Coronavirus patients who have been hospitalized are far more likely to die of respiratory failure if they suffered from periodontitis before contracting COVID-19, according to an international team of dental researchers.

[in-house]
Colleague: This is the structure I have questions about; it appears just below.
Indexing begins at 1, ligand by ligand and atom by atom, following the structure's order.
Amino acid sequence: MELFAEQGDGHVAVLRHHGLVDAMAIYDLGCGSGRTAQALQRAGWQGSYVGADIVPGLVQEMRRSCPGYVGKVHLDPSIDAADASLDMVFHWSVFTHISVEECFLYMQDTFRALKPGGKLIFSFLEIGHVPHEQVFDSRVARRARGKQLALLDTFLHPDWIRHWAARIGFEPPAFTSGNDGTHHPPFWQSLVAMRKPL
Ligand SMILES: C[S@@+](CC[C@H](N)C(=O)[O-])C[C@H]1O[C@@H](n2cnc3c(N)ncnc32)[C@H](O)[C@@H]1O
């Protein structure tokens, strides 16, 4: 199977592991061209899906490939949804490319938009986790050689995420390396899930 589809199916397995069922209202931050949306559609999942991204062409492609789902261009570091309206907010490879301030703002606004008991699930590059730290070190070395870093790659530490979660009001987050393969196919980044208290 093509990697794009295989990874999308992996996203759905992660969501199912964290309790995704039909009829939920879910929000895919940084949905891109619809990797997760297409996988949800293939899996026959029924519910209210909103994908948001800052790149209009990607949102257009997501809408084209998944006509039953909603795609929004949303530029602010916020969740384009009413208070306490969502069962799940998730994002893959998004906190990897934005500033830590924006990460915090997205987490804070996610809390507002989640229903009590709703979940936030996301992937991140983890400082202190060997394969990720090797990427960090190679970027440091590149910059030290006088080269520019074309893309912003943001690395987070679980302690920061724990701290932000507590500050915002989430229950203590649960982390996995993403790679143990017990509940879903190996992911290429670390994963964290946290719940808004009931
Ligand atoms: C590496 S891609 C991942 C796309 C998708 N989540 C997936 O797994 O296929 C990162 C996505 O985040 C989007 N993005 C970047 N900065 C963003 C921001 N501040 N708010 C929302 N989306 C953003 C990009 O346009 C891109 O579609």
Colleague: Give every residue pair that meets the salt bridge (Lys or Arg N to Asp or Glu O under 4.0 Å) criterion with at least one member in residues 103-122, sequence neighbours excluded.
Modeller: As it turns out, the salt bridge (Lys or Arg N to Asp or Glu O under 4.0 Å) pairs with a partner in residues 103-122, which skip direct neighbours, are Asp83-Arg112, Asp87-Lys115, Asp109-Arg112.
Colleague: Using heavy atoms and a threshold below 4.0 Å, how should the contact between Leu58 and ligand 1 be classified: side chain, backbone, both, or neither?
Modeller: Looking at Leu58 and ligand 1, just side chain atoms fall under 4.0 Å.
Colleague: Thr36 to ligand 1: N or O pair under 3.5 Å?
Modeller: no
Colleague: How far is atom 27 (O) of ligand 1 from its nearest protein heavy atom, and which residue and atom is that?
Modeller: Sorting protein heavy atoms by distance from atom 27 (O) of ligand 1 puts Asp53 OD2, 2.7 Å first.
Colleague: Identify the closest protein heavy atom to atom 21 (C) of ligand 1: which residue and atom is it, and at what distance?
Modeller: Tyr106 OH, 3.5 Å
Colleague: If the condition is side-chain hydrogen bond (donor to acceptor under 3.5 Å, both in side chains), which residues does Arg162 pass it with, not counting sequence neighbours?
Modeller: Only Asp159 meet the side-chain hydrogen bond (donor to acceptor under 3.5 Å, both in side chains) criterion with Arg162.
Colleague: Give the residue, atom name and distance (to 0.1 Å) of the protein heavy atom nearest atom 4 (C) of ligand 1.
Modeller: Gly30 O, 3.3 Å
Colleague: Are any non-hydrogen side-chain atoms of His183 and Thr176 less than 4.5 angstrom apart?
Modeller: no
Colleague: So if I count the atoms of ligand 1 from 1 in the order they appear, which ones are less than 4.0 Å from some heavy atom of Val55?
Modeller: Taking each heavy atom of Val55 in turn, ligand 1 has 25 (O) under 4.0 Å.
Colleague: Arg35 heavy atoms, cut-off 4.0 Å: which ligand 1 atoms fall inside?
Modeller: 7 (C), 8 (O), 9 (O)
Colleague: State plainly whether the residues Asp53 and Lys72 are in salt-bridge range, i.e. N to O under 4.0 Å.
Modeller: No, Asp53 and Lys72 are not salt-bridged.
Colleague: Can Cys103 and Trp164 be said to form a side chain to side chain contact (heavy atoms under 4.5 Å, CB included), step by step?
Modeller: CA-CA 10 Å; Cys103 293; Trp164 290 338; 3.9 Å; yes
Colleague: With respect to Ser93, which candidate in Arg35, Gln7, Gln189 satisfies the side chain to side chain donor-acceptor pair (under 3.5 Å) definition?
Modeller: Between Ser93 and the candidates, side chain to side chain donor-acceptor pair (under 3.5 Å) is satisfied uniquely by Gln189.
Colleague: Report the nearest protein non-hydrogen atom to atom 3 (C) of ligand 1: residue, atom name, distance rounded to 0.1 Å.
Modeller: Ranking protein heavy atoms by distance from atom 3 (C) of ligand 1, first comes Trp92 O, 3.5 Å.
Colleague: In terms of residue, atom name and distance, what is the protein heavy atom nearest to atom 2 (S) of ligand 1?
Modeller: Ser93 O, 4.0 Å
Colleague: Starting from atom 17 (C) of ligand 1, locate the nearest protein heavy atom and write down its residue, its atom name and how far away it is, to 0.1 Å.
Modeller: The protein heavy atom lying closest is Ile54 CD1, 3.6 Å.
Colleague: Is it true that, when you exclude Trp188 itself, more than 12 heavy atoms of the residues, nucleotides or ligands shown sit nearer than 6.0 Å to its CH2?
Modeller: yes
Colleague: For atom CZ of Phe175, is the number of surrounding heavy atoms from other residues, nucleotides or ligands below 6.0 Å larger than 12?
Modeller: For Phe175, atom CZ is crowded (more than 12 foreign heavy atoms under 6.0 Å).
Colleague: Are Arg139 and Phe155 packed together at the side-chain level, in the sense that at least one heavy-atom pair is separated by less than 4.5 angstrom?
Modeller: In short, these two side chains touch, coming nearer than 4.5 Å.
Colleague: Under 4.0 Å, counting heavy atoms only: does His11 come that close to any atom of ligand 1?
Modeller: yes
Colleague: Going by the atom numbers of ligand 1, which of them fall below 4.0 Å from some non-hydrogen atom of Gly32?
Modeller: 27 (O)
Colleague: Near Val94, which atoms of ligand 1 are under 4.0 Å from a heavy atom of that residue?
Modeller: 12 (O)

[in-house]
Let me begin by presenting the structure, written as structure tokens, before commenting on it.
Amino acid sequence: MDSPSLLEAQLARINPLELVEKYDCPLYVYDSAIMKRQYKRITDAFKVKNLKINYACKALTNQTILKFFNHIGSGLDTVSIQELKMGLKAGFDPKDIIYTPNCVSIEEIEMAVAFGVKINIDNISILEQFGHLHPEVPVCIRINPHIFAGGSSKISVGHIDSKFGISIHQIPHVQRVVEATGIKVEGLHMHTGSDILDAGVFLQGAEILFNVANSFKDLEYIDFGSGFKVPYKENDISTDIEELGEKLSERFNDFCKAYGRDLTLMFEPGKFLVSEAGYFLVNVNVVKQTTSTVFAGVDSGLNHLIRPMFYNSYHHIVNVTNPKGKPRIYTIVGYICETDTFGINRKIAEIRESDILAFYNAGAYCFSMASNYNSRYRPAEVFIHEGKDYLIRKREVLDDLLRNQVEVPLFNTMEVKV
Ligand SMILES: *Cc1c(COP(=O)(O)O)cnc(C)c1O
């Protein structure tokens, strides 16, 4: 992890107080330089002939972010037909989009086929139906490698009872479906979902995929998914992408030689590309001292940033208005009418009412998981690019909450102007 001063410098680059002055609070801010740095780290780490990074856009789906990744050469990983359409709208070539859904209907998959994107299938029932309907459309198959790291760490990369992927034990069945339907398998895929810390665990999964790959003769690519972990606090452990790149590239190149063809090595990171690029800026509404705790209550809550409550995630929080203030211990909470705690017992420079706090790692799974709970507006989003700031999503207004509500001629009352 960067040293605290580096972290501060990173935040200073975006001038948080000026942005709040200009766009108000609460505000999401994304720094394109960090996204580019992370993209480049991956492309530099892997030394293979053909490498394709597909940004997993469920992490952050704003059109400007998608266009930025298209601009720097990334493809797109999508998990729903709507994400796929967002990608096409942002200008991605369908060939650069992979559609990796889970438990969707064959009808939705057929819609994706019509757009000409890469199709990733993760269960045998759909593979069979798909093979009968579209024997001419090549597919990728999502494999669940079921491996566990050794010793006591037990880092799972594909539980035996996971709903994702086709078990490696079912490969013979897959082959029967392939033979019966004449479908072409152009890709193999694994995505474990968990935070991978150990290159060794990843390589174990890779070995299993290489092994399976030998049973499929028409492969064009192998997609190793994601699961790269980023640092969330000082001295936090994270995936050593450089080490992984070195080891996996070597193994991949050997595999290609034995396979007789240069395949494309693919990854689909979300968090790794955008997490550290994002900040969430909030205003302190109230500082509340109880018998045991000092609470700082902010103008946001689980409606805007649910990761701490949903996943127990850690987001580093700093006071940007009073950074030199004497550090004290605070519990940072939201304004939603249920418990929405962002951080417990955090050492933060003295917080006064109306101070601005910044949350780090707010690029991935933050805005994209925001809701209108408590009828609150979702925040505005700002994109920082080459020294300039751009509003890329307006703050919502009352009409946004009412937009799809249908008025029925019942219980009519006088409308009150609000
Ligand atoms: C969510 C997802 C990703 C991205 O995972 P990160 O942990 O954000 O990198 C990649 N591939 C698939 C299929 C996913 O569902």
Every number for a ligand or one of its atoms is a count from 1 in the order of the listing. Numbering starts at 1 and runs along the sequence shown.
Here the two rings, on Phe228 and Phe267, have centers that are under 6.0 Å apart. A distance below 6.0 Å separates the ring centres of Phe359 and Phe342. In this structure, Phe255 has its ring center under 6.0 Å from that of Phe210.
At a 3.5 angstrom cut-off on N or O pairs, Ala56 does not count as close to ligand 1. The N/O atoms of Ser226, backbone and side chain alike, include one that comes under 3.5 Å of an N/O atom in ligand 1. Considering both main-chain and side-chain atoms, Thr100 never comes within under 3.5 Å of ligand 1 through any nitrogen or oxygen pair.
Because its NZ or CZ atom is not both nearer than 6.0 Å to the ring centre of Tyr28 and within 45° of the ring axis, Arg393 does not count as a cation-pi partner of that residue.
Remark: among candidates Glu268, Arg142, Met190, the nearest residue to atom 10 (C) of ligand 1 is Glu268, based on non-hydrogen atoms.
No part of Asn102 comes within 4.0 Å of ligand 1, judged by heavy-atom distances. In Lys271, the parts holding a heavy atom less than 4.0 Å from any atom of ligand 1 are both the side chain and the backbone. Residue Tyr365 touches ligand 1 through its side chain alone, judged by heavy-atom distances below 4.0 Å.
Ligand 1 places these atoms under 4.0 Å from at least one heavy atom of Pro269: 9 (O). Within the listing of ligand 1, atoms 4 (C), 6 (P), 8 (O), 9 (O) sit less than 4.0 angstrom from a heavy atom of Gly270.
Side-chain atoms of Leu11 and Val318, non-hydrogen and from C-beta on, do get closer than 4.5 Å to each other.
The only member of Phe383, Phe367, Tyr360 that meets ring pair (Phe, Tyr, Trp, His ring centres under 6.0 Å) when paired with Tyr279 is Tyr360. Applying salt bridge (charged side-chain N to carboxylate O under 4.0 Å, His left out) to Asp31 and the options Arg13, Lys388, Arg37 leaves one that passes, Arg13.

Hospitalized COVID-19 patients with high levels of interleukin (IL-6), a harmful protein produced by periodontitis, were at significantly greater risk of suffering life-threatening respiratory problems during the three-month study. The study was prompted by earlier research regarding hospitalized COVID-19 patients in Germany who were tested for IL6 while they were in critical condition and unable to breathe without the help of a ventilator. According to the researchers, the study suggests that COVID-19 patients with bad gums face a much greater risk of generating harmful IL-6 proteins that spread to their lungs and trigger a life-threatening respiratory crisis. “Gum disease has been linked to other breathing ailments, including pneumonia and chronic obstructive pulmonary disease, so we weren’t surprised to find a link to respiratory problems with COVID-19,” said researcher Shervin Molayem, DDS, a dental surgeon based on Los Angeles and founder of the UCLA Dental Research Journal. “What shocked us was the discovery of the protein’s devastating, life-threatening impact to patients once they’re hospitalized. One tiny, inflammatory protein robbed them of their ability to breathe,” said Molayem. The researchers determined that hospitalized COVID-19 patients with periodontitis IL-6 levels above 80 pg/ml are 22 times more likely to suffer from acute respiratory problems and placed on a ventilator compared to patients with IL-6 levels below 80 pg/ml. According to the researchers, COVID-19 patients who suffer respiratory failure face grim odds for recovery, with almost 80% of those placed on ventilators in the United States since the beginning of the pandemic dying. The researchers further note that their findings underscore the need for people who believe they may have gingivitis or more serious gum disease to get their teeth and gums checked and cleaned as soon as possible. Elderly patients are more likely to suffer from chronic gum disease than any other age group, the researchers added, and this demographic faces significant risks from COVID-19 as well. “I’m 70 years old, which puts me in the age group of COVID patients who are more likely to die than anyone else,” said Jonathan Green, a Los Angeles resident recently diagnosed with gum disease at Bedford Dental. “That’s why I’ve been compulsive about masking and other precautions. I’ve been lucky so far, but I’m worried my luck may run out now that I’ve been diagnosed with gum disease,” he said. The researchers hope their findings will compel nursing homes to implement a dental screening protocol that will help them determine which patients are more susceptible to gum disease and elevated IL-6 protein levels. They also urge hospitals and emergency room doctors who continue to admit COVID-19 patients to take a moment with each new patient and check them for gum disease, a diagnosis that may prompt them to direct nursing staff to be vigilant over the patient’s breathing. Plus, the researchers hope that dentists will begin to educate their patients about life-threatening disease they may be at risk of contracting if they don’t take care of their teeth and gums by brushing and flossing regularly and getting tested twice a year for hum disease. Since the cause of death with COVID-19 is out of control inflammation, Molayem said, he believes the solution to survival and recovery from the virus is to decrease inflammation in the body wherever possible, including the gums. “While you can’t stop COVID-19 with your toothbrush, you may be able to reduce its severity,” said Dr. David Corradi, president of the California Society of Periodontists. “This highly relevant study demonstrates how inflammation may be associated with severe COVID-19, and it underscores the importance of being screened and treated for periodontal disease,” Corradi said. The researchers also note that periodontal disease is the most underdiagnosed ailment in dentistry and urge everyone who thinks they may have periodontitis to get tested and treated as soon as possible because its link to COVID-19 is real and deadly. “As the death toll keeps climbing, the CDC now predicts the virus will be among the leading causes of death in the United States, just behind heart disease and cancer,” said Molayem. “Now that we’ve confirmed periodontitis makes it even deadlier, if you’re worried that you may have gum disease, your next trip to the dentist may actually save your life,” he said. The study, “The Mouth COVID Connection,” will be published in October by the Journal of the California Dental Association.
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